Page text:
New pre-clinical data shows that a low dose of a proprietary tetrahydrocannabinol (THC) drug candidate developed by Israel’s Therapix Biosciences significantly reversed age-related cognitive impairment in old mice.
Therapix focuses on the development of cannabinoid-based drugs. The candidate dubbed THX-ULD01 is intended for the treatment of mild cognitive impairment (MCI).
MCI is an intermediate stage between the expected cognitive decline of normal aging and the more serious decline of dementia. It can involve problems with memory, language, thinking and judgment that are greater than normal age-related changes but are not severe enough to interfere with daily life or independent function.
The pre-clinical animal study was designed and conducted by Prof. Yosef Sarne of the Sackler Faculty of Medicine at Tel Aviv University.
“The data from this pre-clinical animal study suggest that extremely low doses of THC, which are devoid of any psychotropic effect and do not induce desensitization, could potentially provide a safe and effective treatment for cognitive decline in aging humans,” said Sarne.
In the study, 24-month-old female mice were injected once with 0.002 mg/kg of the compound, which is much lower than doses that induce the conventional cannabinoid effects in mice. These treated mice performed similarly to 2-month-old mice in six different behavioral assays that measured various aspects of memory and learning. The beneficial effect lasted for at least seven weeks.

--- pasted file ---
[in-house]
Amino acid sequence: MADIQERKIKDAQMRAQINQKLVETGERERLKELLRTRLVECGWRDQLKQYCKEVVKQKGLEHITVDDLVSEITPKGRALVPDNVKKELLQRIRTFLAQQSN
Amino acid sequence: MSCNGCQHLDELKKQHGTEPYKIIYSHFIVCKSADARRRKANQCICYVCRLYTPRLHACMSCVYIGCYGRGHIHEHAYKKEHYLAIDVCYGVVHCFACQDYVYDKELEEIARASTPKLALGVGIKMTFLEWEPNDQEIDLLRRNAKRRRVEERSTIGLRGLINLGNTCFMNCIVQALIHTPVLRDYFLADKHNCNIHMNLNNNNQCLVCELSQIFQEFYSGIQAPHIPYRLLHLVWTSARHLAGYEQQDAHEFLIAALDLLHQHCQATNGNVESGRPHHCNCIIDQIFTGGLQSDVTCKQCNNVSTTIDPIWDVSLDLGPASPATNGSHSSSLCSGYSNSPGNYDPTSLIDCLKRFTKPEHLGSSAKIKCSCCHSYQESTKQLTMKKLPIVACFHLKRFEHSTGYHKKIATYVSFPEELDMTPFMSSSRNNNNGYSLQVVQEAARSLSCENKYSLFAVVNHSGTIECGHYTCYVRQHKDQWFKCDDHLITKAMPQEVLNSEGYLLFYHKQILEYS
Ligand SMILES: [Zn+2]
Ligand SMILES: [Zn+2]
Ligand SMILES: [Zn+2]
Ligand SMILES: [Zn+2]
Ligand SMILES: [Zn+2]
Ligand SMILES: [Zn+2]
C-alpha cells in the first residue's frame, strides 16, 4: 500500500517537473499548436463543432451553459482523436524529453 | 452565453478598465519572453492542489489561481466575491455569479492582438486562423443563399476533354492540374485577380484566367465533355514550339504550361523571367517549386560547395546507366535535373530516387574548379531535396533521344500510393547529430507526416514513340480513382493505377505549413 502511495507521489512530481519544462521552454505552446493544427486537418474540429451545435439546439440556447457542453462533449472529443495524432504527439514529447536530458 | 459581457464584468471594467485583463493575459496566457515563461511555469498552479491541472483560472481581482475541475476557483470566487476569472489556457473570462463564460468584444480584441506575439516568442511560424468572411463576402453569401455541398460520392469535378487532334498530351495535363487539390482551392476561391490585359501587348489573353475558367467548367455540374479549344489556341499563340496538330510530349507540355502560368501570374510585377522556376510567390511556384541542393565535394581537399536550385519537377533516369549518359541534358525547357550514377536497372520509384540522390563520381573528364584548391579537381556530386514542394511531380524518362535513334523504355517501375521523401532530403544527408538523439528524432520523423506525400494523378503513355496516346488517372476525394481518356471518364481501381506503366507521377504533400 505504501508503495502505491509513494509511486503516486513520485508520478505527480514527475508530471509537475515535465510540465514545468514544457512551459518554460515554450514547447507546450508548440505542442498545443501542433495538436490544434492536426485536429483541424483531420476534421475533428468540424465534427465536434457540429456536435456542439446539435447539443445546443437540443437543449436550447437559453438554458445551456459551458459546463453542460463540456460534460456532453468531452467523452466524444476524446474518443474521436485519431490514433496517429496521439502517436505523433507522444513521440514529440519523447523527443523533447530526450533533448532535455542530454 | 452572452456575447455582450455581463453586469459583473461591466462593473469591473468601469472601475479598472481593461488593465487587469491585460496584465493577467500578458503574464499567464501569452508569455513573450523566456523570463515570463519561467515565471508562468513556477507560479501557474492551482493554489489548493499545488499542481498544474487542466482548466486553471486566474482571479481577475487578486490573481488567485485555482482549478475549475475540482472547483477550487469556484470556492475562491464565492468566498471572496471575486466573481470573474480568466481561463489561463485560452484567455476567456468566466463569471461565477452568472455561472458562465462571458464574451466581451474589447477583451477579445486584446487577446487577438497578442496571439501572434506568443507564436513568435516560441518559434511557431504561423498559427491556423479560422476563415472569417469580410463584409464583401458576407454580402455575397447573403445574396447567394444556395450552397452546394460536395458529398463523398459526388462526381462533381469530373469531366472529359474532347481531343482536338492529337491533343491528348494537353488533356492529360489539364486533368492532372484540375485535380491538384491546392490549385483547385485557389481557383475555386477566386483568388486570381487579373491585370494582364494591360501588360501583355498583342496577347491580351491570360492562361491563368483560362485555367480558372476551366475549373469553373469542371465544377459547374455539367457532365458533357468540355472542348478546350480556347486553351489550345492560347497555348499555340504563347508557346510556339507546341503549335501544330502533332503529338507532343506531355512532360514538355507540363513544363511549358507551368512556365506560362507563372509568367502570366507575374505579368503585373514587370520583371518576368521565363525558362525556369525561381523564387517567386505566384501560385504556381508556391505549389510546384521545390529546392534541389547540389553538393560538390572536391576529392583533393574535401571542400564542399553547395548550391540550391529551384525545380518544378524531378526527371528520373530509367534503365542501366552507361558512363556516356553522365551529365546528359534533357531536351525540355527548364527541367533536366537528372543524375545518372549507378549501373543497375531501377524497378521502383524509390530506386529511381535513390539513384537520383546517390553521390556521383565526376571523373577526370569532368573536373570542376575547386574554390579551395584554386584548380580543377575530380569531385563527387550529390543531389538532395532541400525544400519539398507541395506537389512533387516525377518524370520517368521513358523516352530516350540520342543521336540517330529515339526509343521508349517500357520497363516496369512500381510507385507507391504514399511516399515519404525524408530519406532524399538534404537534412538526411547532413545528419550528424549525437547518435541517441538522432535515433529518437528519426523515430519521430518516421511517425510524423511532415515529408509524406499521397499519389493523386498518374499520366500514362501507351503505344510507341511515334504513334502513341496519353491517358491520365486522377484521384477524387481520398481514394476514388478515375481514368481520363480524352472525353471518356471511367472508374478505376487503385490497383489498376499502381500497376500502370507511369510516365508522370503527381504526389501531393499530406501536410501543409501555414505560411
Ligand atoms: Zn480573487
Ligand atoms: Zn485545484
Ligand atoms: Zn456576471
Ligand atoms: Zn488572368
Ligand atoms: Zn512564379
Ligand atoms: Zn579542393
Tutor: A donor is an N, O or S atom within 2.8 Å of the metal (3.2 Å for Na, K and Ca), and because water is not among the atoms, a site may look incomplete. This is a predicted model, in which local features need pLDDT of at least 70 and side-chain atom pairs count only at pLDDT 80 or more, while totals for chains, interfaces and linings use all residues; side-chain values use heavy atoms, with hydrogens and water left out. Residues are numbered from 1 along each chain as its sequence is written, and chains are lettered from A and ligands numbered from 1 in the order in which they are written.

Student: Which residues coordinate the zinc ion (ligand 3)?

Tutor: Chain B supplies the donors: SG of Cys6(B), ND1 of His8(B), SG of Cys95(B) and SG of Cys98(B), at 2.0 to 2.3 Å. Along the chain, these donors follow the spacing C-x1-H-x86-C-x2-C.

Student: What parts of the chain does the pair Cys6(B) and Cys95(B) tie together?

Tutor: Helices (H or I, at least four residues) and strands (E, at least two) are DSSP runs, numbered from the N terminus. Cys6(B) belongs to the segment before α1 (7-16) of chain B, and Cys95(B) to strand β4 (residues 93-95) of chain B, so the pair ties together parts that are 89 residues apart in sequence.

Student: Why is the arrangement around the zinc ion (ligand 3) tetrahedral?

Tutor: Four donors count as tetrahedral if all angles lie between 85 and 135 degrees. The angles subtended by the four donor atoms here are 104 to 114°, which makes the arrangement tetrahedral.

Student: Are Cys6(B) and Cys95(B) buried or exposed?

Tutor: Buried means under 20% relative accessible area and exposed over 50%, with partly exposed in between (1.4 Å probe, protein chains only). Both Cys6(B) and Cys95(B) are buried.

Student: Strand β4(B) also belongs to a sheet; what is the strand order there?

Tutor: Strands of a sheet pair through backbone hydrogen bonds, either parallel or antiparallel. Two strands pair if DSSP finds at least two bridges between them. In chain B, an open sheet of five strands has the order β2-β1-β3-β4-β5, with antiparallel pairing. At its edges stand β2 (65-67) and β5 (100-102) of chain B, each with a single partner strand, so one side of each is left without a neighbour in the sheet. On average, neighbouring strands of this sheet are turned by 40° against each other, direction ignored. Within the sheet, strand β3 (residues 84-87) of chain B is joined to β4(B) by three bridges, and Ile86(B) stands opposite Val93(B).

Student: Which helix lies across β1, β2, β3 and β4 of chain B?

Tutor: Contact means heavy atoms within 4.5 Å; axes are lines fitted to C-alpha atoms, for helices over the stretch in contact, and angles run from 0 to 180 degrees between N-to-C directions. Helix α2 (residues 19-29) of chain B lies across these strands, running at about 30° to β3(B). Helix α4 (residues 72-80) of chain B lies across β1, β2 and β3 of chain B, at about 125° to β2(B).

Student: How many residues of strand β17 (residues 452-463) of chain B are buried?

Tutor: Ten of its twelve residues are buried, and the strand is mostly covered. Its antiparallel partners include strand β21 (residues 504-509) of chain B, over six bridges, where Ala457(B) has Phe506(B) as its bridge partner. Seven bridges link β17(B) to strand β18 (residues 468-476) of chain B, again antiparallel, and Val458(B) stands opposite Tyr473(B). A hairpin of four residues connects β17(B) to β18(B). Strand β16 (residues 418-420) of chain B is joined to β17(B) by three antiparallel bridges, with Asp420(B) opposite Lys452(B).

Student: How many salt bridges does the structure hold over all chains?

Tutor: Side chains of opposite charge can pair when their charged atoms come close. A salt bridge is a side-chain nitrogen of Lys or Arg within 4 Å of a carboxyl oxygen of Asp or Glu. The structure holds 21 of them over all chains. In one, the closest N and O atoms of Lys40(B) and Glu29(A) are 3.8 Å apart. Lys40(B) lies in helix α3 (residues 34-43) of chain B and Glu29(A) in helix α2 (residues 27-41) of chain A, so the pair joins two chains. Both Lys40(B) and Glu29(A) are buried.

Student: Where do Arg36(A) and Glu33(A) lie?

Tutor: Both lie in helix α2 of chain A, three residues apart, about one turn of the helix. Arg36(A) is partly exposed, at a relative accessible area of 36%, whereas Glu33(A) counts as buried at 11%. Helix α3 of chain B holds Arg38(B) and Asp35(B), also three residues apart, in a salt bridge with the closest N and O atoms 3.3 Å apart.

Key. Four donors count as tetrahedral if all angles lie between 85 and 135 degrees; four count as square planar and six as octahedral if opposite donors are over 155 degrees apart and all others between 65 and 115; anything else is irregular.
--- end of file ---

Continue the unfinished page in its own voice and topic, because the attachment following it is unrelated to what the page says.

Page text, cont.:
“The model demonstrated a relatively long-lasting increase in neuroprotection and neuroplasticity, as well as a larger volume and higher tissue density in various regions of the brain of THC-treated old mice as measured by MRI,” said Sarne.
Therapix CTO Adi Zuloff-Shani said these promising data “further demonstrate the clinical and commercial potential of THX-ULD01 for the treatment of MCI. Based on the discovery of significantly improved therapeutic impact at ultra-low doses of THC, it is our continued belief that THX-ULD01 has the potential to fulfill the growing unmet medical need in MCI.”
Zuloff-Shani said the pre-clinical models are expected to be followed by human trials for this potential first-in-class therapy.
Sarne’s findings will be published in Neurobiology of Aging and were presented at the International Association for Cannabinoid Medicines’ Conference on Cannabinoids in Cologne, Germany, on September 29-30.